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Fall is in the air, and that means cold and flu season is on its way, too. Here’s what to know about the flu to help you stay well this winter and beyond.
Understanding Flu Season
The winter months are also known as cold and flu season, but why? Experts say that flu season starts at the end of autumn and influenza cases increase during the cold season because the virus thrives in cold climates.
The cold weather is conducive to the flu virus, so it’s not that your immunity is weaker during the winter months. However, immunity often determines who gets the flu. The influenza virus affects people of all ages, but not everyone gets the flu during flu season. People who have chronic conditions and underlying illnesses have lower immunity, which can predispose them to get the flu.
What’s the Difference Between a Cold and the Flu?
The cold and flu aren’t the same, but it can be difficult to tell the symptoms apart — especially when you start to feel sick. With cold and flu, many symptoms start and present in the same ways early on.
Cold symptoms could be due to a virus or a bacterial infection, while the flu means infection with the influenza A, B or C virus. The difference is that cold symptoms only affect the upper respiratory tract.
While there is a vaccination for the flu, there are no vaccines for cold symptoms. However, you can take steps to help prevent both illnesses.
Understanding Viral vs. Bacterial Infections
A viral illness is caused by specific viruses, and the signs and symptoms vary by the kind of virus, while in bacterial infections, specific bacteria cause the infection.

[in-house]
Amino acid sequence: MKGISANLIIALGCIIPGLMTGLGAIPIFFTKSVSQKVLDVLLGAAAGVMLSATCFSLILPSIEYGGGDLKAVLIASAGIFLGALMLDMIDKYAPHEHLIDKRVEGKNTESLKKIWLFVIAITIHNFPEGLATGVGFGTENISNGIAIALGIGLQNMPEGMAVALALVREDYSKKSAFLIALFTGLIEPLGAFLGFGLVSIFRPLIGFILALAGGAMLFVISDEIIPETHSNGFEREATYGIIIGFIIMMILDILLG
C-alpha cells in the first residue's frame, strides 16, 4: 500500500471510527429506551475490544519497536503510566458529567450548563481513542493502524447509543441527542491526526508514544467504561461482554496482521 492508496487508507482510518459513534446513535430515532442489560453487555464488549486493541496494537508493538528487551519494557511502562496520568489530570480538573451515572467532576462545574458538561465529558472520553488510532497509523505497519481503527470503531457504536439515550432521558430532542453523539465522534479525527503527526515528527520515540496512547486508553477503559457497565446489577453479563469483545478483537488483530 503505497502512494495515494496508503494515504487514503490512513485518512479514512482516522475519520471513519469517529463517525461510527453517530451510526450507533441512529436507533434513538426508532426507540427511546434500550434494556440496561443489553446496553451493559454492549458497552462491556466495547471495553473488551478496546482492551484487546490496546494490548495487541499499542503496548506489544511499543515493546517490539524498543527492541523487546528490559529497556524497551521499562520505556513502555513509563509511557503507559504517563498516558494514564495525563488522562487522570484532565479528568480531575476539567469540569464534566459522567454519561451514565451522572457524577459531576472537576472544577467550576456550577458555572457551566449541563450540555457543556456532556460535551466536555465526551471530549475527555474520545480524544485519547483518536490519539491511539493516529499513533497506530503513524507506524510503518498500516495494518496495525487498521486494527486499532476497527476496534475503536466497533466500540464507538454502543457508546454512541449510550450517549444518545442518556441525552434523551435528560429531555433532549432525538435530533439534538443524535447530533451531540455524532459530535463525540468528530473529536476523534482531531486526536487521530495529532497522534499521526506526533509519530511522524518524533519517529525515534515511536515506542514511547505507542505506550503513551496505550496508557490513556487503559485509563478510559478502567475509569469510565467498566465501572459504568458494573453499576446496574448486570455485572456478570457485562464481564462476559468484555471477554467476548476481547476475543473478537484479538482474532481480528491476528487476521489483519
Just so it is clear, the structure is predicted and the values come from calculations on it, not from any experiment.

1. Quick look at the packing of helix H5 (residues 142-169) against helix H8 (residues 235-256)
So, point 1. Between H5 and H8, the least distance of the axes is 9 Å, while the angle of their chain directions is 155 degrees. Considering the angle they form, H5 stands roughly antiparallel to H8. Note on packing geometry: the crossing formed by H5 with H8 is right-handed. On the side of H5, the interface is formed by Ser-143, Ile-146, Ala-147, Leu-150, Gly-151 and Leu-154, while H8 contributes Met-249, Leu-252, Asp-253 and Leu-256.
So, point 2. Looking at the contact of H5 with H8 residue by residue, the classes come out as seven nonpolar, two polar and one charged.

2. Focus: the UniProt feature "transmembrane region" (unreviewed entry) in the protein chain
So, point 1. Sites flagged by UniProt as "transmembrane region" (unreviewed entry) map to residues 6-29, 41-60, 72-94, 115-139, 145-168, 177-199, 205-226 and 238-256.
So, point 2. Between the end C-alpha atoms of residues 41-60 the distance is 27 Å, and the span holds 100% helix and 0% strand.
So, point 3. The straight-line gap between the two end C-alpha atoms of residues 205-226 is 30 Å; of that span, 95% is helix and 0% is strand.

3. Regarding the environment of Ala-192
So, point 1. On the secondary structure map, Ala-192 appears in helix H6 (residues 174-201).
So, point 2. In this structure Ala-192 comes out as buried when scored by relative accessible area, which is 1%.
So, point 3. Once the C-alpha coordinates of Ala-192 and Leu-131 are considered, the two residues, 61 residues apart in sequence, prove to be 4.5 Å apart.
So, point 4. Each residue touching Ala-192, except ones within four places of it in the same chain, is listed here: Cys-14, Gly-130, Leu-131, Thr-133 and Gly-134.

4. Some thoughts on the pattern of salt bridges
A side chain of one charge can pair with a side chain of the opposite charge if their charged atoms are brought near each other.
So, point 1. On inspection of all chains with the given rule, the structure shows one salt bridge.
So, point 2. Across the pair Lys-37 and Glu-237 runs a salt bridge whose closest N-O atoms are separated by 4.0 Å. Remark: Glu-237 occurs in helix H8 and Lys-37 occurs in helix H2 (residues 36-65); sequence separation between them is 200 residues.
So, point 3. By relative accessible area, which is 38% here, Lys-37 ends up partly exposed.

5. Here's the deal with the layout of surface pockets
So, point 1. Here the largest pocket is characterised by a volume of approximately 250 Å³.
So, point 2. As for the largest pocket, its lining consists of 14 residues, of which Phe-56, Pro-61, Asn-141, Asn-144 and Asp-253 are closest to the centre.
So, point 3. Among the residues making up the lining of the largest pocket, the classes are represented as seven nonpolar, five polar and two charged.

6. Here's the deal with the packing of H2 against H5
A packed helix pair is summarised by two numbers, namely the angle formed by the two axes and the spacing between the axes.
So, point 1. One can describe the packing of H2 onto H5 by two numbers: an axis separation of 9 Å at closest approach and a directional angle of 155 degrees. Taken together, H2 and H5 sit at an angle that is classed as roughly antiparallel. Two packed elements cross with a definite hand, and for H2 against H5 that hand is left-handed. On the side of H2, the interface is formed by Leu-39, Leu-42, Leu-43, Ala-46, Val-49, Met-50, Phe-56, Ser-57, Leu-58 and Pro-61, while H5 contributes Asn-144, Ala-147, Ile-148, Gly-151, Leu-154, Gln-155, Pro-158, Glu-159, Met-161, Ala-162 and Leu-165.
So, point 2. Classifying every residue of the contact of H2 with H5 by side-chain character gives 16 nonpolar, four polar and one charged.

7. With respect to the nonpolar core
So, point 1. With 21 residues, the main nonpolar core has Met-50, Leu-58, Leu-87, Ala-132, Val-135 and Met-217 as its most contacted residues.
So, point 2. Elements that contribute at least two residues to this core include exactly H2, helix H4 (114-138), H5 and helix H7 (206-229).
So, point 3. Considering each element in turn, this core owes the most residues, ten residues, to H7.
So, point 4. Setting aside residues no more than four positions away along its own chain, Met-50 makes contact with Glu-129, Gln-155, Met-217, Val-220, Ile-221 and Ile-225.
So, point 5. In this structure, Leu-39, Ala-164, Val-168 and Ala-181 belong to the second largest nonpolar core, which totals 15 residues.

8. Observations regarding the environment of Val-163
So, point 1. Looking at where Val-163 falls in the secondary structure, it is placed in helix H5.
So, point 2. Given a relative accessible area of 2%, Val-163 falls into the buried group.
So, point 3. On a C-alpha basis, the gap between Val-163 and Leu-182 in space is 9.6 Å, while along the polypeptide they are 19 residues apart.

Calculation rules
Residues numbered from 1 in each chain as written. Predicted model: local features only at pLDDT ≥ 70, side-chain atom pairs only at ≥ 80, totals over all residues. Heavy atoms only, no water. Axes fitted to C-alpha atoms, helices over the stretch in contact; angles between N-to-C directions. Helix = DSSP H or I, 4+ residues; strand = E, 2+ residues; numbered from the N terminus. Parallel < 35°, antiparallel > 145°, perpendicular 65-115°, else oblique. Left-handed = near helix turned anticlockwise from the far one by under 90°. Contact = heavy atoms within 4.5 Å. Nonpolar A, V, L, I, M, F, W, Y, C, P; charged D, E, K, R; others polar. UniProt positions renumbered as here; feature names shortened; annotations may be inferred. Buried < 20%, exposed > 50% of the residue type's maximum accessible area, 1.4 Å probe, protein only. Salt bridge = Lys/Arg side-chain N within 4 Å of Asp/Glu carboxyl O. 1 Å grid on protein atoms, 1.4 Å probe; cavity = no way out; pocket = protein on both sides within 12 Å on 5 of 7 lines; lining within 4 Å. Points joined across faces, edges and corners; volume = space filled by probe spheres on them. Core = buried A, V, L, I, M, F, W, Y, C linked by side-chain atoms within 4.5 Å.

Doctors provide supportive treatment for both illnesses, but the treatment of the illness is different, depending on whether someone has a virus or bacterial infection.
For bacterial infections, an antibiotic is the answer. For viruses like the flu, patients can be treated with Tamiflu, which is given in the first two to three days after a person gets influenza A or B.
Common Winter Illnesses
Unfortunately, it's not always easy to know what type of bug you've caught because many of the common ones have similar symptoms.
During the winter snow and cold, people often get inflammations of the sinuses, ear infections, sore or strep throat, bronchitis and pneumonia or bacterial pneumonia.
Along with the flu, other common winter illnesses include:
- Otitis media, or middle ear infection
- Pharyngitis, or sore throat
- Upper respiratory infection
COVID-19 is spread person-to-person, like the flu, and may show similar symptoms, so it’s important to confirm your diagnosis with a doctor.
Preventing Wintertime Illnesses
To steer clear of a cold, the flu and a host of other wintertime sicknesses, prevention is key.
To stay healthy and well this winter, you can opt to:
- Get the flu shot
- Avoid handshakes
- Avoid processed sugar, which can increase the risk of infection in the body
- Gargle with water and salt, or warm water and apple cider vinegar
- Get sufficient rest
- Maintain a healthy diet
- Take vitamin C and zinc daily